The Legal Division is proud to feature Laura Woods in its March Profiles in Law Librarianship feature:
A Little Bit About Laura:
Laura has been involved in SLA since winning an Early Career Conference Award from SLA Europe and the Leadership and Management Division in 2009, and attending that year’s Annual Conference in Washington DC. She attended her second conference last year in Philadelphia, courtesy of a travel grant from the Legal Division, of which she is an enthusiastic member.
She has worked in law libraries for almost the whole of her short but eventful library career: beginning with a graduate trainee position in 2007-08 at Gray’s Inn, one of the UK’s four historical Inns of Court; and progressing through roles at two UK law firms. Since February 2011 she has worked for Addleshaw Goddard in Leeds, providing business and markets intelligence to select practice groups within the firm.
A Few Questions for Laura:
What brought you to the legal information industry?
I arrived at law librarianship purely through chance! Following an enjoyable but not wholly successful few years working as a freelance photographer (photography was my first degree, and my first love) I was looking for an alternative career path. A careers adviser suggested librarianship to me, based on my transferable skills and interest, and it was like a lightbulb going on: the more I read about librarianship as a career, the more it sounded like a perfect fit for me. I applied to a number of graduate trainee opportunities in various types of libraries, and took the first that was offered: at Gray’s Inn, one of the four Inns of Court, member organisations for all barristers in England and Wales. In my year at Gray’s, I found that I really enjoyed the fast-paced and varied nature of legal research – I love that you never know what you might be asked next! Since then, apart from eight months working part-time in a university library while I studied for my MSc in Library and Information Science, I have exclusively worked in law libraries.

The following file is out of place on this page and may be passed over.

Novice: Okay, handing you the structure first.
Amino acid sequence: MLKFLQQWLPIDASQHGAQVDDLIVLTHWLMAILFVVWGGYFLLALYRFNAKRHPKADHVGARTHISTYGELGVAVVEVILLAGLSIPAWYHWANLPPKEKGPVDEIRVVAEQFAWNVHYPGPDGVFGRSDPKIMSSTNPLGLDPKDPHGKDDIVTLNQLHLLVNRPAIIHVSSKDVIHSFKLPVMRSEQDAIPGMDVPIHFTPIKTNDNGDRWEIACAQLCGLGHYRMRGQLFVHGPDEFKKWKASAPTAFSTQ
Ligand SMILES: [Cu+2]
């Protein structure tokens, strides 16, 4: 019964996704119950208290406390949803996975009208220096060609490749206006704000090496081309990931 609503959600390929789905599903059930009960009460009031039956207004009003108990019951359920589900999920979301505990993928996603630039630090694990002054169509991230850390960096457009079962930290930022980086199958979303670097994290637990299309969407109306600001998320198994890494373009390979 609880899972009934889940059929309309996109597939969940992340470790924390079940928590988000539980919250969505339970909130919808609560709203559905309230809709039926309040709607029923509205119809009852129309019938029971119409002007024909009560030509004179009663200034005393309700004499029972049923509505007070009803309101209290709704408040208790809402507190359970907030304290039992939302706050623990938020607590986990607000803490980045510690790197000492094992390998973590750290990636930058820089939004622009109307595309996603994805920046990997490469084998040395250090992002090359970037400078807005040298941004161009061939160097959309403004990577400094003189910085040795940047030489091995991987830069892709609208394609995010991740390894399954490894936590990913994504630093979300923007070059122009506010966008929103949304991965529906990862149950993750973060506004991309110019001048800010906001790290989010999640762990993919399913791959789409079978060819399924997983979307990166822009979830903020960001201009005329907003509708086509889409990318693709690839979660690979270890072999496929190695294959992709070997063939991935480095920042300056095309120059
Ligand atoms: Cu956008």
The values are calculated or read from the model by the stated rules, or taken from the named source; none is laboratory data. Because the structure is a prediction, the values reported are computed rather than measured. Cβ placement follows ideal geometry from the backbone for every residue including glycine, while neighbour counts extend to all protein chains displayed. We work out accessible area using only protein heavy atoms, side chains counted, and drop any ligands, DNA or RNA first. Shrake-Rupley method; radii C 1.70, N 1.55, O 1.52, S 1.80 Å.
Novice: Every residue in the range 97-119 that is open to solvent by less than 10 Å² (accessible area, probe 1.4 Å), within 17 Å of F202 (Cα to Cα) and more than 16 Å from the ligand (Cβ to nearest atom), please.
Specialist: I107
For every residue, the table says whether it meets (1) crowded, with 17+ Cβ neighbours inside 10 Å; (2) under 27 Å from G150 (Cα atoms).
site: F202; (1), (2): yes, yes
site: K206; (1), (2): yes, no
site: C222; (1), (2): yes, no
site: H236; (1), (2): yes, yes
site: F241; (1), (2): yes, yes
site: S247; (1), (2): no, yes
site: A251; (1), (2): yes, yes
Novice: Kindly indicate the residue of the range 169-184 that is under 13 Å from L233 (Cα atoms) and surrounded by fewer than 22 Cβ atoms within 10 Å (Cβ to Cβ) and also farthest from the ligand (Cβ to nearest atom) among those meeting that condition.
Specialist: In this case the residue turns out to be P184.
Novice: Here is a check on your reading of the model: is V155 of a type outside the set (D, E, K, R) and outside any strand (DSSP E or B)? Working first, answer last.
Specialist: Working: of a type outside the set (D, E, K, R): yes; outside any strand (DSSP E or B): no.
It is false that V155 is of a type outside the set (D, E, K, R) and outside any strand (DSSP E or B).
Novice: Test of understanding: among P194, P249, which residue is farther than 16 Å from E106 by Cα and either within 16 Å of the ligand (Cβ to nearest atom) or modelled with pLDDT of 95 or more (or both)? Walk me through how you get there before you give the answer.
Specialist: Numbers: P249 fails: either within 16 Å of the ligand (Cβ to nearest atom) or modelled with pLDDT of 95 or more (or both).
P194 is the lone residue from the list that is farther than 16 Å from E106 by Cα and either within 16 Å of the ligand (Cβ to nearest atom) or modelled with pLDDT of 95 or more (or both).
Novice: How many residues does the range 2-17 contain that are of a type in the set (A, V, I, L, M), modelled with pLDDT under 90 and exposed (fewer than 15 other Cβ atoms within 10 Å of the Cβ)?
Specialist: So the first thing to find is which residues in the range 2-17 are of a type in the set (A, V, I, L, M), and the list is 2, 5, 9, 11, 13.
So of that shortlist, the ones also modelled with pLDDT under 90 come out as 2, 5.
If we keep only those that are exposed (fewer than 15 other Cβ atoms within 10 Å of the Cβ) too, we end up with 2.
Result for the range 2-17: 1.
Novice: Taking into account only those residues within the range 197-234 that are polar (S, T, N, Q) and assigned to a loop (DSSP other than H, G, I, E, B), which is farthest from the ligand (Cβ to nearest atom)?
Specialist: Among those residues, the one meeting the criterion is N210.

Where do you see our industry in 10 years?
Good question – I wish I knew! My hunch is that there will be more of a move towards embedded librarianship – my own firm is working towards this model now, but I think UK law firms are a little behind US firms in this respect. I think there is an opportunity for law librarians to become subject specialists, working closely with particular practice groups to provide knowledge and insights rather than just information.
What are you doing to get Future Ready?
As much as I can! I read numerous professional blogs and newsletters – some on law librarianship, some on librarianship in general, and some on the law and developments in the practice area I support, which is property and real estate. My job is to provide insight and intelligence, so I see it as vital to my role that I keep up to speed with any new developments.
I also try to expand my skills wherever possible, for example through shadowing people in different but related roles within my own firm to see what I could learn from them and how I could support them. For example, a lot of my work involves supporting the business development teams on pitches for new business, so I’ve been trying to get to know that team better by hot-desking with them and making sure I am included on department emails. This will not only make me better at my job now, but will hopefully give me good experience and extra skills to add to my CV for the next time I’m job hunting.
Do you have any advice for people looking to break into the legal information industry?
Learn as much as you can about the legal industry – you’ll need that knowledge alongside your information skills. To fill in any gaps in your knowledge, talk to other law librarians – we’re a friendly bunch! Networking is vital: make use of organisations like SLA legal and other local and national organisations (if you’re in the UK, BIALL is a great one to join). Don’t worry too much if you don’t have a background in law: work on your core information skills, and your transferable “soft” skills, and trust that you’ll be able to pick up the sector-specific stuff as you go along.